No, at our properties you have an opportunity to experience the best of a former way of life: beautiful architecture, fascinating history and a peaceful relaxed ambiance, without modern electronic distractions, where you decide the pace of your holiday.
Can I bring a dog?
No. This property is not suitable for dogs as there are adjoining properties.
Is linen supplied?
Yes – the bed is prepared and ready for your arrival.
Is there an open fire?
There is a small wood burning stove. There is a limited amount of fuel left for the fire (where applicable) so guests may want to bring more for the duration of their stay. Please contact the local House Manager for more information on what type of fuel is used at your chosen property.
Do you supply fuel for the fire?
Irish Landmark Trust supply enough fuel for one night only. Guests will be advised where to purchase fuel for the fire locally.
Do I need a car to get here?
No. Garrison House is located in the heart of Cork City Centre.
How do I get the keys?
When you complete your booking, you will receive an email giving you information about arranging access for your arrival date.
Can I arrive early?
Only by special arrangement with the bookings office and agreement of the local House Manager. The standard earliest arrival is 4pm. A charge is made if you are requesting a morning arrival, as this means we cannot take a booking for the night before your arrival date. Actual arrival time MUST be agreed in advance with the local House Manager.
What is the latest departure time?
10.00am. The House Manager will discuss arrangements for your departure on the day you arrive.
How far to the nearest town?
You are in Cork City Centre so right beside shops, etc. Guests are 8 minutes’ walk from the famous English Market.
Is there a caterer who will come in to cook meals?
We do not know of anyone who can go in to cook meals at this property.
Is it suitable for children?
Is it suitable for older people?
The bedrooms and bathroom are located upstairs.
Does it have facilities for disabled people?
Is it suitable for a wheelchair?
Is there central heating?
There is gas central heating.
Is the cooker electric or gas?
There is a cooker with double oven and ceramic hob.
Is there a shower?
Yes, there is a large walk in shower only.
Is there a bathtub?
Yes, there is a bathtub with a hand-held shower head over it.
How many bathrooms?
Do you supply towels and bed linen?
Yes. The bed will be made up on your arrival and you will be provided with a bath towel and guest towel according to the number of beds in the property.
Can I get to the house by public transport?
Yes. You can get a train to Cork Kent station and then a taxi ride is about 10 minutes from there.
Where is the nearest train station?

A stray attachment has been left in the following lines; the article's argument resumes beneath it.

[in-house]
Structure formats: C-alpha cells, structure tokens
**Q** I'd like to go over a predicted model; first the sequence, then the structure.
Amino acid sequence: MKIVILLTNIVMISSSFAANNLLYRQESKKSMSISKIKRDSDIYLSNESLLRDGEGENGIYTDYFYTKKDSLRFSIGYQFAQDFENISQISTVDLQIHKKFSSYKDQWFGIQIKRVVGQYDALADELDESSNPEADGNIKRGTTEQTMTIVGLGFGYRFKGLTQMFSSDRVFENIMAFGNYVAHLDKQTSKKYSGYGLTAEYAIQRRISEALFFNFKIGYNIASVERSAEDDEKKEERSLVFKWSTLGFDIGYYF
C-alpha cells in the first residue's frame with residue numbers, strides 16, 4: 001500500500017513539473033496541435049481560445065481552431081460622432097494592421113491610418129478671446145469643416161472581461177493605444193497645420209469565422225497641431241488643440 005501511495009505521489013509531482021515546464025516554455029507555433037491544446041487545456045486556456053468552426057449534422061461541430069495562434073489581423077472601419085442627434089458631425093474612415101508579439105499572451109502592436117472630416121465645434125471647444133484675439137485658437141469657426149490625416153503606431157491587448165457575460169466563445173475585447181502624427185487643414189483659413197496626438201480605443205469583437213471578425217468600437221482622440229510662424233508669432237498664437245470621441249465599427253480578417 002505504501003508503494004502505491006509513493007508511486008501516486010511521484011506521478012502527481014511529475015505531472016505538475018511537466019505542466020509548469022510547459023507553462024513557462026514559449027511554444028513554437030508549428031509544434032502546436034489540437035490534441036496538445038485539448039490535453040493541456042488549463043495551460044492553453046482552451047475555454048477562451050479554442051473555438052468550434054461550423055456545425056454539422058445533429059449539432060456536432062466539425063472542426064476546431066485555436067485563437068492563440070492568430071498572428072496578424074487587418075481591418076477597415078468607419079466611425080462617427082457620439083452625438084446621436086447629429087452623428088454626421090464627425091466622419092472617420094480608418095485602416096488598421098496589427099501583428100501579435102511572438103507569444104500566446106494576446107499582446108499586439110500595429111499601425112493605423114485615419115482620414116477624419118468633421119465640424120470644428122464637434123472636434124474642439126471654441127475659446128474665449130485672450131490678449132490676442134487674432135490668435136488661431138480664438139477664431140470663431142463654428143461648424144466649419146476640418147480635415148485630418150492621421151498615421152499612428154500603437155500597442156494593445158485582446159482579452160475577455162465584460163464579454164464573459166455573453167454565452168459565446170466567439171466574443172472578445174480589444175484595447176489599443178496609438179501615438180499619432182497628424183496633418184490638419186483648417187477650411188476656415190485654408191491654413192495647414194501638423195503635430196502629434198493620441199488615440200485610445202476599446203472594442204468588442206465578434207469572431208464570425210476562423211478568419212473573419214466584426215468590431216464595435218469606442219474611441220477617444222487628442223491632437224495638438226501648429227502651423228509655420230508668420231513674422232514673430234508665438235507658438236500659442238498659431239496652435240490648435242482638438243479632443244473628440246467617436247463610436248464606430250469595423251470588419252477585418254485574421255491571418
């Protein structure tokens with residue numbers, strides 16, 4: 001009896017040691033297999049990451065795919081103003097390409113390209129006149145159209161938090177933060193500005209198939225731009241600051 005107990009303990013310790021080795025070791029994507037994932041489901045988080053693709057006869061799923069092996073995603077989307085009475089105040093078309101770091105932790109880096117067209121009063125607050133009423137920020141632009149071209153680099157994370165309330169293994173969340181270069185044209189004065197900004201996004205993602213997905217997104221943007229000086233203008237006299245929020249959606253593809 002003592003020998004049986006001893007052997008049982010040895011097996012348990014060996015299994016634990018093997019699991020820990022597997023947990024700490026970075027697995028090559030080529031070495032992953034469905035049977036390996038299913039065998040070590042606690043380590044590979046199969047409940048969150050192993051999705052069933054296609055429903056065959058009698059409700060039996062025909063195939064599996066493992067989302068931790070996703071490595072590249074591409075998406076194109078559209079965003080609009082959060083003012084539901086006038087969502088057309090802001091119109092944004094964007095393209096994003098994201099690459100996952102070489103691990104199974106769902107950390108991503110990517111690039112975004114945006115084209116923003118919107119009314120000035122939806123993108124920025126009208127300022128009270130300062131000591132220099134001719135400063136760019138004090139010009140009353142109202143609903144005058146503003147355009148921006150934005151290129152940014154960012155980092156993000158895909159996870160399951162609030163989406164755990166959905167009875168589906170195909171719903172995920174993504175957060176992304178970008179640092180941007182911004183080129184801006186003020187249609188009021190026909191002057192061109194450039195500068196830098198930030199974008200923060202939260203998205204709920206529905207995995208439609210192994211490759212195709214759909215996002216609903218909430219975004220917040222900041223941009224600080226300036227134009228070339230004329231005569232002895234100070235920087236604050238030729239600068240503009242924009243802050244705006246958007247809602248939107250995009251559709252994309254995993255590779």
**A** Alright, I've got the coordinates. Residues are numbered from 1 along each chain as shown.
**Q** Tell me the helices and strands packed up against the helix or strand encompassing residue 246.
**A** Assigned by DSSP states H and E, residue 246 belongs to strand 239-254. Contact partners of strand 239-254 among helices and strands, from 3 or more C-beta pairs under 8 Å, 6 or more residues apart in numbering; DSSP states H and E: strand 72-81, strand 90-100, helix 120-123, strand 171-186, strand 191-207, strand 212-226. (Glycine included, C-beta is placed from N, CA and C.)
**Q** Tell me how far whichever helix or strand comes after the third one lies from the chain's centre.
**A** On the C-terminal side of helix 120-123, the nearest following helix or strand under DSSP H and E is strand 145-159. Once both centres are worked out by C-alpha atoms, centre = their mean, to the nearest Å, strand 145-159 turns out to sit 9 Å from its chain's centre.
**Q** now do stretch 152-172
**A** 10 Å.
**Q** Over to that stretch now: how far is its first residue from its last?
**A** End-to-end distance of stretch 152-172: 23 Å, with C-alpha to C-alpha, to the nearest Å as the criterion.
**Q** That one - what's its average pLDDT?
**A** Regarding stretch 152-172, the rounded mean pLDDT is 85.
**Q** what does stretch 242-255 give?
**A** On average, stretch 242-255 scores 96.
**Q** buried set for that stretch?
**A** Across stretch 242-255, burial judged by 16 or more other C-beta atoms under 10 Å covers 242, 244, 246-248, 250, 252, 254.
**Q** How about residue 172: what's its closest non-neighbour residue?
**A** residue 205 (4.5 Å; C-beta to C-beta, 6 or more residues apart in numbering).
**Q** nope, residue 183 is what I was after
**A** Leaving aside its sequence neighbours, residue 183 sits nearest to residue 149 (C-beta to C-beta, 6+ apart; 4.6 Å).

Cork Kent station.
Can I book for just one night?
What is your minimum booking period?
Irish Landmark Trust have a 2 night stay minimum at all of our properties. Some Special Dates will have restrictions on arrival and departure date which will effect the minimum number of nights.
Is there a garden at the house?
Yes, there is a garden to the rear of the lodge.
Is there parking on site?
There is strictly no parking facility at the property. There is paid parking available at nearby “Park it Here” car park, at 50 Grande Parade. Directions will be supplied if required.
Is there outdoor furniture?
Yes, a table and chairs are provided.
HOW TO BOOK AN IRISH LANDMARK HOLIDAY :
It is possible to reserve dates online at www.irishlandmark.com but bookings are not confirmed until a confirmation email is received from the bookings desk.
Your booking must be for holiday purposes only. Irish Landmark reserve the right to refuse hire for purposes other than holiday accommodation. When you make a booking, you accept full responsibility for all persons who will use or visit the property during the period booked. When you book, you agree to indemnify us against all loss and damage arising directly or indirectly to the property and its contents from any deliberate or negligent act or omission by yourself, or any person accompanying you.
CONTRACT OF HIRE:
The hiring contract shall be between the Hirer and Irish Landmark and made subject to these Booking Conditions . The Contract of Hire is not effective until Irish Landmark dispatches to the Hirer written confirmation of a booking.
Click arrival date for cost of stay
An Historic Stay
“A beautiful spot and a real sense of being steeped in history whilst staying in this quaint cottage. Super to have the fort to explore as well and the lovely little museum on site, so many interesting stories from the time when it was a women’s prison. Very central, easy to walk everywhere, a visit to Nano Nagle’s Place nearby is a must- we enjoyed a superb brunch in the Good Day Deli and another interesting museum visit which tells the amazing story of Nano Nagle. The tour guardians of the fort were so friendly and helpful.” (CMCgrath)
Utterly Charmed by our stay at Garrison House
“The refurbishment of these two houses is marvellous … and I have seen the “before” photos! …and the furnishing and equipping of the house was first class. It was a pleasure to work in the kitchen – we self-catered so well for Breakfasts & one Dinner. Previously unfamiliar with the area of Cork city, we were thrilled to discover the area. So close to everywhere on foot, as we always enjoy the English Market but we liked being “off the beaten track”. and that we surely were. in Elizabeth Fort, with its 16th century origins. The guided tour of the Fort which we took on Sunday was excellent.” (MMacken)
Geraldine O Sullivan is the House Manager at Elizabeth Fort. Geraldine loves to welcome guests and tell them all of her top tips for the best things to do in Cork City on your holidays.